JPMorgan's Shareholder Savior Could Be a Buyback

NEW YORK ( TheStreet) -- The market's harsh reaction to JPMorgan Chase's second-quarter hedging loss could be a golden opportunity for the company to benefit from lower buyback prices.

JPMorgan's shares declined 11% following CEO James Dimon's announcement after the market close last Thursday of the $2 billion trading loss -- partially offset by $1 billion in gains on available-for-sale securities -- through Tuesday's close at $36.24.

Guggenheim Securities analyst Marty Mosby said late on Tuesday that the market's reaction sets up major capital savings on share buybacks, "helping to offset the future impact of losses tied to this event."

"Since JPM could be about on track for the 2012 earnings outlook," Mosby said, the decline in the stock price "could reflect the expectation for future losses from this exposure," and "Assuming an 8x P/E multiple prior to this announcement, the incremental loss to pre-tax earnings in 2012 would have to be around $4 billion."

Mosby also pointed out that "this loss would most likely be considered non-operating -- therefore affecting 2013 earnings only if share repurchase volume was reduced so that the capital position at year-end 2013 was not lowered."

Guggenheim estimates "that JPM would have to experience close to $15 billion in pre-tax losses in order to push the share count up enough to pull down the 2013 estimate enough to justify the recent drop in JPM's stock price."

Barring an earth shattering event like that, it would seem that the share price drop could represent a golden opportunity for JPMorgan Chase to take advantage of market conditions and benefit its shareholders.

>>5 Banks to Buy After JPMorgan's Big Mistake

Mosby "had forecasted that JPM would repurchase approximately 60 million shares per quarter," and said "the savings from this $10 reduction in stock price would be worth $600 million in saved capital," under that scenario, and "in comparison, last week's announced $1 billion in net losses could create a $650 million after-tax loss."

While the loss is unfortunate, the market action is similar to what Berkshire Hathaway ( BRK.B) CEO Warren Buffet said in this year's letter to shareholders. "When Berkshire buys stock in a company that is repurchasing shares, we hope for two events," Buffett said. "First, we have the normal hope that earnings of the business will increase at a good clip for a long time to come; and second, we also hope that the stock underperforms in the market for a long time as well."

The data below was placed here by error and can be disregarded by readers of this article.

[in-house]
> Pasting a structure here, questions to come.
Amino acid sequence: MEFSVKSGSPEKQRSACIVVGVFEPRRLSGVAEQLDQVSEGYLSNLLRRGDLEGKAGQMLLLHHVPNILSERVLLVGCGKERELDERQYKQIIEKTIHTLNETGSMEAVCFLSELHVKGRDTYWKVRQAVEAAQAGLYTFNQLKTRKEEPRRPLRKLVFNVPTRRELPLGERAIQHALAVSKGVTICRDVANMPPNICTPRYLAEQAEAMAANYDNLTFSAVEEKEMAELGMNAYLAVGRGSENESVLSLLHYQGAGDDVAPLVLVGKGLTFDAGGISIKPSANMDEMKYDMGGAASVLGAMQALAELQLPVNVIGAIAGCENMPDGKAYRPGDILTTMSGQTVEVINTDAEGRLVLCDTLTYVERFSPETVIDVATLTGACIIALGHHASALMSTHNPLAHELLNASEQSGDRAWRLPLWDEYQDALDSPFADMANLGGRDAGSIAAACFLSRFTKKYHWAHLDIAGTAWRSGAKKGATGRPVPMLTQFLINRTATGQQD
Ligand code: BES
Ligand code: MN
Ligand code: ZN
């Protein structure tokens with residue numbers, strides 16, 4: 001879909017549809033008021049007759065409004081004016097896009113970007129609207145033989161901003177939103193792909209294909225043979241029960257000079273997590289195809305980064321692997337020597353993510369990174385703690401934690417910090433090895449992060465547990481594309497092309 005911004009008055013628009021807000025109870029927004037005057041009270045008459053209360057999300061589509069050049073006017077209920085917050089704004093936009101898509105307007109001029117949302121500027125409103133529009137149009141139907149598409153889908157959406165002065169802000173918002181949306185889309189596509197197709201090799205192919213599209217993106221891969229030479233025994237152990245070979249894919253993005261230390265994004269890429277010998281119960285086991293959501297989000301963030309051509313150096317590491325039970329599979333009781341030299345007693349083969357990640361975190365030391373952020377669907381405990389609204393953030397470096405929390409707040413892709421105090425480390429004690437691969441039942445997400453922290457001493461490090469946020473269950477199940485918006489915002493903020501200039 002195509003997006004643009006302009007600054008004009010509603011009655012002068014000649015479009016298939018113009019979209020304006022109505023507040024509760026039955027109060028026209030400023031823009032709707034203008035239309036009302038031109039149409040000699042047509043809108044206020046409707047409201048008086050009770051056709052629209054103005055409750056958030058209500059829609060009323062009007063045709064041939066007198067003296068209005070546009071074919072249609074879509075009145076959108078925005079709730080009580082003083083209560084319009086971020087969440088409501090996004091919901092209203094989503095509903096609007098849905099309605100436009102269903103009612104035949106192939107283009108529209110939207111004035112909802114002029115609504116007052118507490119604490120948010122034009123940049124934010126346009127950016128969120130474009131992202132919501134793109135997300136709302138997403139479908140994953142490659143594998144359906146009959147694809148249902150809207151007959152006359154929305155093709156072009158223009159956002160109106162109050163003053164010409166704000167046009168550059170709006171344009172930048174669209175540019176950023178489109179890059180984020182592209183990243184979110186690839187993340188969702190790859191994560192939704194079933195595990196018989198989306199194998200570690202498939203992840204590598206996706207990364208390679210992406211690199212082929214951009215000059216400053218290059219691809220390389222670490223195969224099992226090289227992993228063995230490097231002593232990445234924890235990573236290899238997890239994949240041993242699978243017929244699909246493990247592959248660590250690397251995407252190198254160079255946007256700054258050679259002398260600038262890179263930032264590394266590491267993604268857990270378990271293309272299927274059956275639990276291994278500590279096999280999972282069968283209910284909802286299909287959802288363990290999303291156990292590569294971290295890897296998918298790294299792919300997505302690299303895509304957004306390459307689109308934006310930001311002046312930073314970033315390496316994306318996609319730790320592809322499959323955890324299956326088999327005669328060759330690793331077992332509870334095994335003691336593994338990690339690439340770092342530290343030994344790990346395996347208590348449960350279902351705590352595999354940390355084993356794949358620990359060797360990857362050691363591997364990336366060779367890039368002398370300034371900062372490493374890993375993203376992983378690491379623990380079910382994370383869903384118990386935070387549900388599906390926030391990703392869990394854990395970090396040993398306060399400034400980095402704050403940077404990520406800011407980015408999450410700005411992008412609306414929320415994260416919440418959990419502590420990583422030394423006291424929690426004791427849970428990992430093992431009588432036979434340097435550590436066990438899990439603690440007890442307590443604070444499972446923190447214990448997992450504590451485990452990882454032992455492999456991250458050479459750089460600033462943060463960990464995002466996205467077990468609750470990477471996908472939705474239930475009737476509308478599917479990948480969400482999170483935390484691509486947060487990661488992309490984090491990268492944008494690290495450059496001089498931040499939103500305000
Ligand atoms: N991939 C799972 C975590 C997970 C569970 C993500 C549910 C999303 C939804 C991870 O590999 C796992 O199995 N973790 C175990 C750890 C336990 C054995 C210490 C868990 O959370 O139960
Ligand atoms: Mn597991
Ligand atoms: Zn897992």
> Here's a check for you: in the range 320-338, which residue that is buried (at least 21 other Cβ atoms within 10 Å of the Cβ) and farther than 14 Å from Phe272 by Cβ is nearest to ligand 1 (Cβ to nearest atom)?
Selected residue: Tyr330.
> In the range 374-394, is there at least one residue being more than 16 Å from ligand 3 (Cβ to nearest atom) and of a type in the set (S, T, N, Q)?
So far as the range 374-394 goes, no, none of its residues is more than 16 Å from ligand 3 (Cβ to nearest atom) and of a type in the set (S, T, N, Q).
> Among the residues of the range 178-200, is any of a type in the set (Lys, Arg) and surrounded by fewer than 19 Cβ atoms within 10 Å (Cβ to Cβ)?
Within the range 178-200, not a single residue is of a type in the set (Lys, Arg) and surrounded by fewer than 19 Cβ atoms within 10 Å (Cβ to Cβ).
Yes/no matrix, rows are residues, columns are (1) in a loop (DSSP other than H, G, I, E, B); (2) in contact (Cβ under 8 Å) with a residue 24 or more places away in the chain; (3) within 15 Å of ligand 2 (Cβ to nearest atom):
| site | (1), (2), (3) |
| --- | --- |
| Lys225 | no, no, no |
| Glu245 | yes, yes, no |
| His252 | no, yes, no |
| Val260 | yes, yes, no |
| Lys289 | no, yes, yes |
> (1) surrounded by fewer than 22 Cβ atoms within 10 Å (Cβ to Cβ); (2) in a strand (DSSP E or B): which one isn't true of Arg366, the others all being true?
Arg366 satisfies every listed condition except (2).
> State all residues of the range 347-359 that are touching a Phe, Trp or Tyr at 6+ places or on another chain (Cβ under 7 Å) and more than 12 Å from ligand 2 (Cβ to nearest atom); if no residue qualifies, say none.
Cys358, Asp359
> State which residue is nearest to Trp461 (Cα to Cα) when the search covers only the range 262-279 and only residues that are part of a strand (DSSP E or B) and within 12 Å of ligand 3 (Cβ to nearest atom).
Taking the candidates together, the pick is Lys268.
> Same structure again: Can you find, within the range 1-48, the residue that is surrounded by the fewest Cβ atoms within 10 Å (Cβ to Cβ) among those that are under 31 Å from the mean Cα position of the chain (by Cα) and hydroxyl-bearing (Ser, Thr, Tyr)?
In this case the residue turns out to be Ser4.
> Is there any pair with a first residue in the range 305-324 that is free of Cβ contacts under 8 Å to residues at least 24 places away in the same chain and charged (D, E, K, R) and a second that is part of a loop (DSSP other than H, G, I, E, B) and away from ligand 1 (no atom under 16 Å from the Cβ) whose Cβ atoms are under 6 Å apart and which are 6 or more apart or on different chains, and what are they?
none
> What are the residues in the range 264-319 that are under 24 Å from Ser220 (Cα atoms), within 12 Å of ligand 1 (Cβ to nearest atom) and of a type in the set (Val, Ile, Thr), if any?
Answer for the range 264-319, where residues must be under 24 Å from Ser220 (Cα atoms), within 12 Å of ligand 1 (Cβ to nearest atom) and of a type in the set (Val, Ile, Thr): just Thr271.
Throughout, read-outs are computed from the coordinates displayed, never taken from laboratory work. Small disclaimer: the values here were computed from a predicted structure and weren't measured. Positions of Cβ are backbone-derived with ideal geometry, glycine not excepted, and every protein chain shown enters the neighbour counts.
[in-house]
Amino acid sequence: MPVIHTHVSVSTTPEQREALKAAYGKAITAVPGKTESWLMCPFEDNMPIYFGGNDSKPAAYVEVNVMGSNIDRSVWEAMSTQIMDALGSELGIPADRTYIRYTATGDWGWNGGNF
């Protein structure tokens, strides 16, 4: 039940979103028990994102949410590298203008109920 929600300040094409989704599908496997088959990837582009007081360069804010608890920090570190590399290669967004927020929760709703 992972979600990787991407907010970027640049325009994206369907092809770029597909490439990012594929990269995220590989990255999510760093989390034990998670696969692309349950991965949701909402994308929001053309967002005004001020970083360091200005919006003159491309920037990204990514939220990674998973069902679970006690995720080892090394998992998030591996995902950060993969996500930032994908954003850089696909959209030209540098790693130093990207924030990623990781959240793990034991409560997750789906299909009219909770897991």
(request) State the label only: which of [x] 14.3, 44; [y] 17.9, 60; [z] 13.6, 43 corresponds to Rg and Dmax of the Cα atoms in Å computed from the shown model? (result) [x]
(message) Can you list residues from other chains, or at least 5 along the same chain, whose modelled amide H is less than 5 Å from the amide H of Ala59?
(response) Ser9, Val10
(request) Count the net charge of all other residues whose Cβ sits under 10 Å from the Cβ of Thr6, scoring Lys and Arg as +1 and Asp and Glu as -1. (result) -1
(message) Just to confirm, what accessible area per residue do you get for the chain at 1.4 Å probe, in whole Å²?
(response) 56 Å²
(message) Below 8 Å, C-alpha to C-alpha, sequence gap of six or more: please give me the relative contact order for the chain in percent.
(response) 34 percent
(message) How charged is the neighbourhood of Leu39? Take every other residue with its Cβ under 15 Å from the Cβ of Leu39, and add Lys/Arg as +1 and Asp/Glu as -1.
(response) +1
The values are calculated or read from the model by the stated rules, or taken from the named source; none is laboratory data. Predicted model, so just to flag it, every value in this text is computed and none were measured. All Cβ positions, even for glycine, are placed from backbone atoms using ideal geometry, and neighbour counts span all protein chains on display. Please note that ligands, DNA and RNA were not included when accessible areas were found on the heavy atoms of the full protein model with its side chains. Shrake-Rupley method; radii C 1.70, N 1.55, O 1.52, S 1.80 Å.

Well JPMorgan's operating earnings have improved, and the stock is certainly underperforming, with the shares trading for a very low 6.5 times the consensus 2013 earnings estimate of $5.54 a share, among analysts polled by Thomson Reuters. The consensus 2012 EPS estimate is $4.54.

JPMorgan Chase's shares have returned 11% year-to-date, after a 20% decline during 2011. The shares are down 22% from their from their year-to-date closing high of $46.49 on March 27.

Content on this page requires a newer version of Adobe Flash Player.

Get Adobe Flash player

Based on a 30-cent quarterly payout, which the company's board of directors approved on Tuesday, the shares have a 3.31% dividend yield.

Mosby said that "if the ongoing financial impact is minimal then the entire JPM drop in stock price would have to be allocated to incremental political and regulatory pressure," and that "in order to justify the recent drop in JPM's stock price, it would require that JPM's earnings power to be incrementally reduced by 15% from increased regulatory burden."

The analyst said that JPMorgan's managerial changes following the trading loss "should lead to a thorough review of the issue with strong recommendations on how to enhance controls."

Mosby concluded "that the correction has been exaggerated due to the headline shock and predominant risk aversion of investors," and that "as this issue begins to be better understood and the potential loss content more apparent, we expect JPM's stock price to rebound," while also saying "it is impossible for us to forecast the timing of future shifts in investor risk appetite or perception of a company."

Guggenheim rates JPMorgan a "Buy," with a $53 price target, estimating the company will earn $4.70 a share this year, followed by 2013 EPS of $5.85.

Interested in more on JPMorgan Chase? See TheStreet Ratings' report card for this stock.


-- Written by Philip van Doorn in Jupiter, Fla.

To contact the writer, click here: Philip van Doorn.

To follow the writer on Twitter, go to

To submit a news tip, send an email to:
Philip W. van Doorn is a member of TheStreet's banking and finance team, commenting on industry and regulatory trends. He previously served as the senior analyst for Ratings, responsible for assigning financial strength ratings to banks and savings and loan institutions. Mr. van Doorn previously served as a loan operations officer at Riverside National Bank in Fort Pierce, Fla., and as a credit analyst at the Federal Home Loan Bank of New York, where he monitored banks in New York, New Jersey and Puerto Rico. Mr. van Doorn has additional experience in the mutual fund and computer software industries. He holds a bachelor of science in business administration from Long Island University.

If you liked this article you might like

JPMorgan Is a Can't Miss Investment

JPMorgan Is a Can't Miss Investment

Here Are the Biggest Losers Monday From Each Major Index

Here Are the Biggest Losers Monday From Each Major Index

8 Great Ideas for Income Seekers, Including an MLP With a Twist

8 Great Ideas for Income Seekers, Including an MLP With a Twist

Unilever's Move Counters Takeover Buzz; Adobe Sales Are High in the Cloud--ICYMI
Bear Stearns 10 Years Later: Could the Great Financial Crisis Happen Again?

Bear Stearns 10 Years Later: Could the Great Financial Crisis Happen Again?